For optimal results, set-up a year-long plan that achieves your goals at certain milestones. You’ll most likely conquer them every eight to sixteen weeks. At the bare minimum, stick with training programs for at least six weeks before jumping ship. Cut and run before that and you won’t know if the program was going to work.
Majoring in the Minors
Getting enamored with outcomes, rather than investing in processes, leads to poor decision making. Every lifter, of course, wants to look like they lift: sizeable arms, protruding shoulders and pant-challenging legs. The problem is new lifters attempt to streamline the process of attaining these attributes by using a lot of silly, single joint movements: biceps curls, triceps kickbacks, leg extensions, etc. In short, they major in the minors.
In reality, however, the process, and all its compound lift labor, is the means to an aesthetically-desirable, strong body.
When you’re considering biceps curls, trade them for pull-ups or chin-ups. Bypass the leg extension machine for the squat rack. Press a barbell before you employ shoulder raises.
Not Thinking “Strength First”
You can’t fire a cannon from a canoe. That’s a colloquialism used for decades to impart the importance of building solid foundations. When it comes to weight-room success, no matter if your goal is physique or performance based, strength is the foundation that all other qualities are built upon.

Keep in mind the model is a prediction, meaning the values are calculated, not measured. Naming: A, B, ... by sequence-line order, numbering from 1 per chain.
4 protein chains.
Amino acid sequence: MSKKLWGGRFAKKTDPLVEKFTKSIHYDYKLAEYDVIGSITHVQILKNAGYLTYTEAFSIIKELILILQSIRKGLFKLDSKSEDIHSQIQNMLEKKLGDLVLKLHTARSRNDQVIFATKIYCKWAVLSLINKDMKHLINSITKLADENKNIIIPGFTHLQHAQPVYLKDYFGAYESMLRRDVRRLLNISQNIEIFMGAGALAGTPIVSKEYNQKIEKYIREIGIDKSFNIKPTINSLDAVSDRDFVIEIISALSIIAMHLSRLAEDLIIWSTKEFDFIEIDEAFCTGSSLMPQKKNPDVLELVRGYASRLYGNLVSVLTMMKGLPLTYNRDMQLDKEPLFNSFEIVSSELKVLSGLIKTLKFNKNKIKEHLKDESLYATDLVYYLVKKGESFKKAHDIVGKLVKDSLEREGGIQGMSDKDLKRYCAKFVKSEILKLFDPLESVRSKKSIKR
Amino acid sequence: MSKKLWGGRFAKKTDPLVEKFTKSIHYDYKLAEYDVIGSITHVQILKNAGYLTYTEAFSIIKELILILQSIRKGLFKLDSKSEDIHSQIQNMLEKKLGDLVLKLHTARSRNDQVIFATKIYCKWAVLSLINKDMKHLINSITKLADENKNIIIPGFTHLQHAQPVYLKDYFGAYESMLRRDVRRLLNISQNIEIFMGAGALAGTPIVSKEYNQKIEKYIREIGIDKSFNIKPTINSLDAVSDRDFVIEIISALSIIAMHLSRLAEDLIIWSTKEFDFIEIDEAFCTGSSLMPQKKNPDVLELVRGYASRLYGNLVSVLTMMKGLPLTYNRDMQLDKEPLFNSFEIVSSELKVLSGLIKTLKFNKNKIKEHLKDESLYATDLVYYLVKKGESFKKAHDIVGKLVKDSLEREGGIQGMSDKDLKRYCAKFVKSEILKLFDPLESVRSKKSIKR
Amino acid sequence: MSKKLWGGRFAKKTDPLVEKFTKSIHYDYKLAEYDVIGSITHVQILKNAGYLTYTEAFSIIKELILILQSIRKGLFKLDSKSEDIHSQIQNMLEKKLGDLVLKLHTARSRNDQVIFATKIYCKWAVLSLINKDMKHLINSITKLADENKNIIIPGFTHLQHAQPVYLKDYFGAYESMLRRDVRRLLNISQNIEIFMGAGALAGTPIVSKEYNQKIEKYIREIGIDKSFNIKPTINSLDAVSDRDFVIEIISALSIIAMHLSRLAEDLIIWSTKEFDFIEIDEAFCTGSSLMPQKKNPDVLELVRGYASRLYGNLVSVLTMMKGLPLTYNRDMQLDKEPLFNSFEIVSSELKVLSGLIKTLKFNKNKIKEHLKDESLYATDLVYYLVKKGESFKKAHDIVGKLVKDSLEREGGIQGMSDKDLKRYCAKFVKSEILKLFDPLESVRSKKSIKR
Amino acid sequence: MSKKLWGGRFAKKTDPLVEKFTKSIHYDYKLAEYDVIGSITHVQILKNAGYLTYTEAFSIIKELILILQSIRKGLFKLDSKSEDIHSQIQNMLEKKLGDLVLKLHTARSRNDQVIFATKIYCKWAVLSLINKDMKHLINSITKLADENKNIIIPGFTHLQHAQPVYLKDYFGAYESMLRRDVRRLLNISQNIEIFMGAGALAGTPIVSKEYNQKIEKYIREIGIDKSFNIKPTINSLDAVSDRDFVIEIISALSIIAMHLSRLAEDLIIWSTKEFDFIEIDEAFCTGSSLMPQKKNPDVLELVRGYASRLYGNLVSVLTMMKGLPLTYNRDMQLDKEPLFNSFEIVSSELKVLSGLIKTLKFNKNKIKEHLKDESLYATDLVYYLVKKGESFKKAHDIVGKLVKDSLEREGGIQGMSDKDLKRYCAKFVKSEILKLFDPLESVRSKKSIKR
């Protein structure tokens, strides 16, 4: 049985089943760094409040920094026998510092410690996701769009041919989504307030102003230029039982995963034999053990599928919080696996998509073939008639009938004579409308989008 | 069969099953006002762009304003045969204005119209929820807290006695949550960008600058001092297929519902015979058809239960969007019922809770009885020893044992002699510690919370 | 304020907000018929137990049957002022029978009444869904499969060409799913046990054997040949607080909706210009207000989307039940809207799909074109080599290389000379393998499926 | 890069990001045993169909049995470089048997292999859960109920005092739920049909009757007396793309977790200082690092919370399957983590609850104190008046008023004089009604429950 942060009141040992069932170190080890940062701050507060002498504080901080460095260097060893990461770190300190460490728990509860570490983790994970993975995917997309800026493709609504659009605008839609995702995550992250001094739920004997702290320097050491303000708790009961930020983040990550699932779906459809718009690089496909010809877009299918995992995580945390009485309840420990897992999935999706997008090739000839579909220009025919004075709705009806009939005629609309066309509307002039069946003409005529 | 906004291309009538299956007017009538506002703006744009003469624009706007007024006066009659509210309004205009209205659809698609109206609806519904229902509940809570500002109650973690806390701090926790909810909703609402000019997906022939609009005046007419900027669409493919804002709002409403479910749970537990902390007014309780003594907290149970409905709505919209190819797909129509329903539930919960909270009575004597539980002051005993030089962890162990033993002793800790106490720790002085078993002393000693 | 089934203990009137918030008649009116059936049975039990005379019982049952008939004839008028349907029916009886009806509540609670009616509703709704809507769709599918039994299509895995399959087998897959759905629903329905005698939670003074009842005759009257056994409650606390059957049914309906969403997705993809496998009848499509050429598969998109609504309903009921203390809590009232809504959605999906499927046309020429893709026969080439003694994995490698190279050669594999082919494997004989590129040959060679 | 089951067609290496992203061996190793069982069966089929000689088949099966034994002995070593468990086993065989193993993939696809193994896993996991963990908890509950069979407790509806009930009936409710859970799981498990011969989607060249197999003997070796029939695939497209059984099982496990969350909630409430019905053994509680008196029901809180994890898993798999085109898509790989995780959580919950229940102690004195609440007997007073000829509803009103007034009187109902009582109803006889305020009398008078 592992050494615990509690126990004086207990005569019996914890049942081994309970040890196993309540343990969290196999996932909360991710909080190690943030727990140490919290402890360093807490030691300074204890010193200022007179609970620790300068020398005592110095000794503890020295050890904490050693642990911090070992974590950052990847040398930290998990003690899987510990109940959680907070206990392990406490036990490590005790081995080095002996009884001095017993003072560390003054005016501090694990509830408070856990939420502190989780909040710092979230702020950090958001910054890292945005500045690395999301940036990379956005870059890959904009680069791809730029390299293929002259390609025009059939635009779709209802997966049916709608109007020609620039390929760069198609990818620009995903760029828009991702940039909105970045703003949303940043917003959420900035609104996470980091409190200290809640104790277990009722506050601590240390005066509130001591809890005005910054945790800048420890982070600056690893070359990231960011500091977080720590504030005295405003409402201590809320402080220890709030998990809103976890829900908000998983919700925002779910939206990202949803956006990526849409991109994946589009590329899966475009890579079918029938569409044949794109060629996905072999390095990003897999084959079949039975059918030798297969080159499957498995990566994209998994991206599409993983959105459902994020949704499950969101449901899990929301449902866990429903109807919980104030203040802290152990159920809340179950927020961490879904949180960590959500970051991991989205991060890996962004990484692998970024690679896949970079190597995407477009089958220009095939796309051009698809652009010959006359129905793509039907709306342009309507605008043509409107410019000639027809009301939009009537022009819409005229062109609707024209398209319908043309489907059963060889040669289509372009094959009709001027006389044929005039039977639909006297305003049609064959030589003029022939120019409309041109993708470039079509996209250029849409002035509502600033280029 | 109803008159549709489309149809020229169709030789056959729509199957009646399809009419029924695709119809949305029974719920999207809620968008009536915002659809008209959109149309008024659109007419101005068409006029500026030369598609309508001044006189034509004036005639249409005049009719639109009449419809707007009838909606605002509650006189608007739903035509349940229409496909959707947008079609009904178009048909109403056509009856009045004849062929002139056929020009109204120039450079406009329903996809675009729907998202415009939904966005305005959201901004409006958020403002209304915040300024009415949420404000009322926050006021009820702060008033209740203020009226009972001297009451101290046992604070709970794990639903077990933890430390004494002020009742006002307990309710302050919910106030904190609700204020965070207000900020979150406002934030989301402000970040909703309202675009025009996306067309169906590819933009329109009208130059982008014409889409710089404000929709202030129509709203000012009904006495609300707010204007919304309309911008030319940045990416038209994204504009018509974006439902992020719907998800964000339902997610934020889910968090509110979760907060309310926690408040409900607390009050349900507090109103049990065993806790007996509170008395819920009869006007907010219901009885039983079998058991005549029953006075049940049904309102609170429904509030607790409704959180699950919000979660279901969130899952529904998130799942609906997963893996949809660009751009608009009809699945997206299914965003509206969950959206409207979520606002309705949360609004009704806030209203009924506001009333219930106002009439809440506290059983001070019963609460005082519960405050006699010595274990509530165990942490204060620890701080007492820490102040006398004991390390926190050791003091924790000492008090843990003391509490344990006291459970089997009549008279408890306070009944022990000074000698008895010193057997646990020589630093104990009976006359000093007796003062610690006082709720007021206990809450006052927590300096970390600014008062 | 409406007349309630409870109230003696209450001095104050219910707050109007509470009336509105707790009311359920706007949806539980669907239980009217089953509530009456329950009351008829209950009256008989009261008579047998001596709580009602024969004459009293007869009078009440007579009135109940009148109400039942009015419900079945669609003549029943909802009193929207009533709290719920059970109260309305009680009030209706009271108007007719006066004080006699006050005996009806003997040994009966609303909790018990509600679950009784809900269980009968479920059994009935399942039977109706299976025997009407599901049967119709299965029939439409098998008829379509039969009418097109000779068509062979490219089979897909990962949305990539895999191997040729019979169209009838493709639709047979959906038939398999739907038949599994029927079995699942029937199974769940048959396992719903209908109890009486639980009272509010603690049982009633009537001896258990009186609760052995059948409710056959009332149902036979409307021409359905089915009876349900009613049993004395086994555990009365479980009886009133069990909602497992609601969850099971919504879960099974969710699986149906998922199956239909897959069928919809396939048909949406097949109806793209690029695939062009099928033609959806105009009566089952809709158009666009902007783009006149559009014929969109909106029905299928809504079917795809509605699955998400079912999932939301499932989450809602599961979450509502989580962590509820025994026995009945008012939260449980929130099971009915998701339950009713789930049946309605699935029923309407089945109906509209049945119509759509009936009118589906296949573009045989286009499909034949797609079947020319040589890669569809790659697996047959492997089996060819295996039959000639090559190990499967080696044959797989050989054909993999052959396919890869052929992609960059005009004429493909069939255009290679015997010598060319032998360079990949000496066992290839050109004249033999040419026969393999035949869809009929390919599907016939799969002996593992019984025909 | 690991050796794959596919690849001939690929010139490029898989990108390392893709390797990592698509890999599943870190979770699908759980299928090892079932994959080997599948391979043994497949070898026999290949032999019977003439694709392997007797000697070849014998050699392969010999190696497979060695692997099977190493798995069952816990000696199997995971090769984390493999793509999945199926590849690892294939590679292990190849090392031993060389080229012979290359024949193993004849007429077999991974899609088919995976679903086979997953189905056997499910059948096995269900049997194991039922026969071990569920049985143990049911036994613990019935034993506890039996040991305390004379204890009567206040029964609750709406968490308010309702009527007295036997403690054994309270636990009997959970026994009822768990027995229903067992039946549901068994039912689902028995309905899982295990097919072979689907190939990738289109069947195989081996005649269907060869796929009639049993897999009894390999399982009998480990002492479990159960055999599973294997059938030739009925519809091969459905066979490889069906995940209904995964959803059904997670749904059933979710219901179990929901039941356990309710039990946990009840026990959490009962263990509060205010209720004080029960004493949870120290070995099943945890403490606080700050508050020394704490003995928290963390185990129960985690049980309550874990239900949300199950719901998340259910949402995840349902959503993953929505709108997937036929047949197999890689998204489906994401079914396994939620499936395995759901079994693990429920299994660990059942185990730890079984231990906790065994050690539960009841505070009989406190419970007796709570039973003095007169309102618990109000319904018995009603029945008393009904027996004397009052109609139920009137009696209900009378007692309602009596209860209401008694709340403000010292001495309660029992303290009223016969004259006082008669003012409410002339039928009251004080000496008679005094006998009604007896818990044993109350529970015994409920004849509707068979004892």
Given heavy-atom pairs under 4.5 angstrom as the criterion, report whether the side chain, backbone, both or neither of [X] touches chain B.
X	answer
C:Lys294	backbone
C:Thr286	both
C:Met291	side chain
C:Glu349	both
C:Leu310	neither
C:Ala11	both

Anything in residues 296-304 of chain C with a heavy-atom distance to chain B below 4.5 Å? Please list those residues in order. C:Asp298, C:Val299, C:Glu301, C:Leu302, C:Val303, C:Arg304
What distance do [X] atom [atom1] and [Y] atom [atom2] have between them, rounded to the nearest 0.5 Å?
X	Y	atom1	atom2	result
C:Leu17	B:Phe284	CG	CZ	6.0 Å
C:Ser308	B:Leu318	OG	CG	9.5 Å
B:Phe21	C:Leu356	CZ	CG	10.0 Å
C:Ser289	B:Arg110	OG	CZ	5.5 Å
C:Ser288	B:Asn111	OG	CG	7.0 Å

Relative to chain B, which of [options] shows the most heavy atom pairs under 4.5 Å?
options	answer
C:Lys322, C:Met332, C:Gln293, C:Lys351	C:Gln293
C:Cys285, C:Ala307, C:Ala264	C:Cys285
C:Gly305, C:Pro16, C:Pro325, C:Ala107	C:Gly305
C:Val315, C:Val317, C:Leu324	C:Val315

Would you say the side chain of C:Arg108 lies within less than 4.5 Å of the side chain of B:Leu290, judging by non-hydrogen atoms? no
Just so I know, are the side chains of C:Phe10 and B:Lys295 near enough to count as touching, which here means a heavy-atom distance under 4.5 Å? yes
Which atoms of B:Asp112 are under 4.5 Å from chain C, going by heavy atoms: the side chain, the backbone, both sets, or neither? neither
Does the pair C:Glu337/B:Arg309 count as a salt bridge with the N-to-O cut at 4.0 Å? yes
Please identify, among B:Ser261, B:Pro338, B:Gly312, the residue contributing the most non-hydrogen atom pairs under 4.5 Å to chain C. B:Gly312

Unfortunately, most newbies disregard this mindset, opting instead to focus on size and body composition before they’re ready to master the barbell.
It’s the same rush-to-the-finish mentality that motivates folks to major in the minors. They want the size and the low body fat. Each of those ends, however, are easier to achieve with a murderously strong body.
It’s simple. Get strong first by setting concrete lift goals (for example: bench 200 pounds, squat 300 pounds, etc.). Everything else becomes easier.
Not Seeking Help
Although our culture celebrates an individualized, pioneering spirit, we accomplish nothing great by ourselves. We all need help.
It’s frustratingly unfortunate to witness a new lifter fumble their way through the gym, haphazardly attempting a little of this and a little of that. Sometimes it continues for months, the guy or gal continuing to falter until they finally, in defeat, remove training time from their life.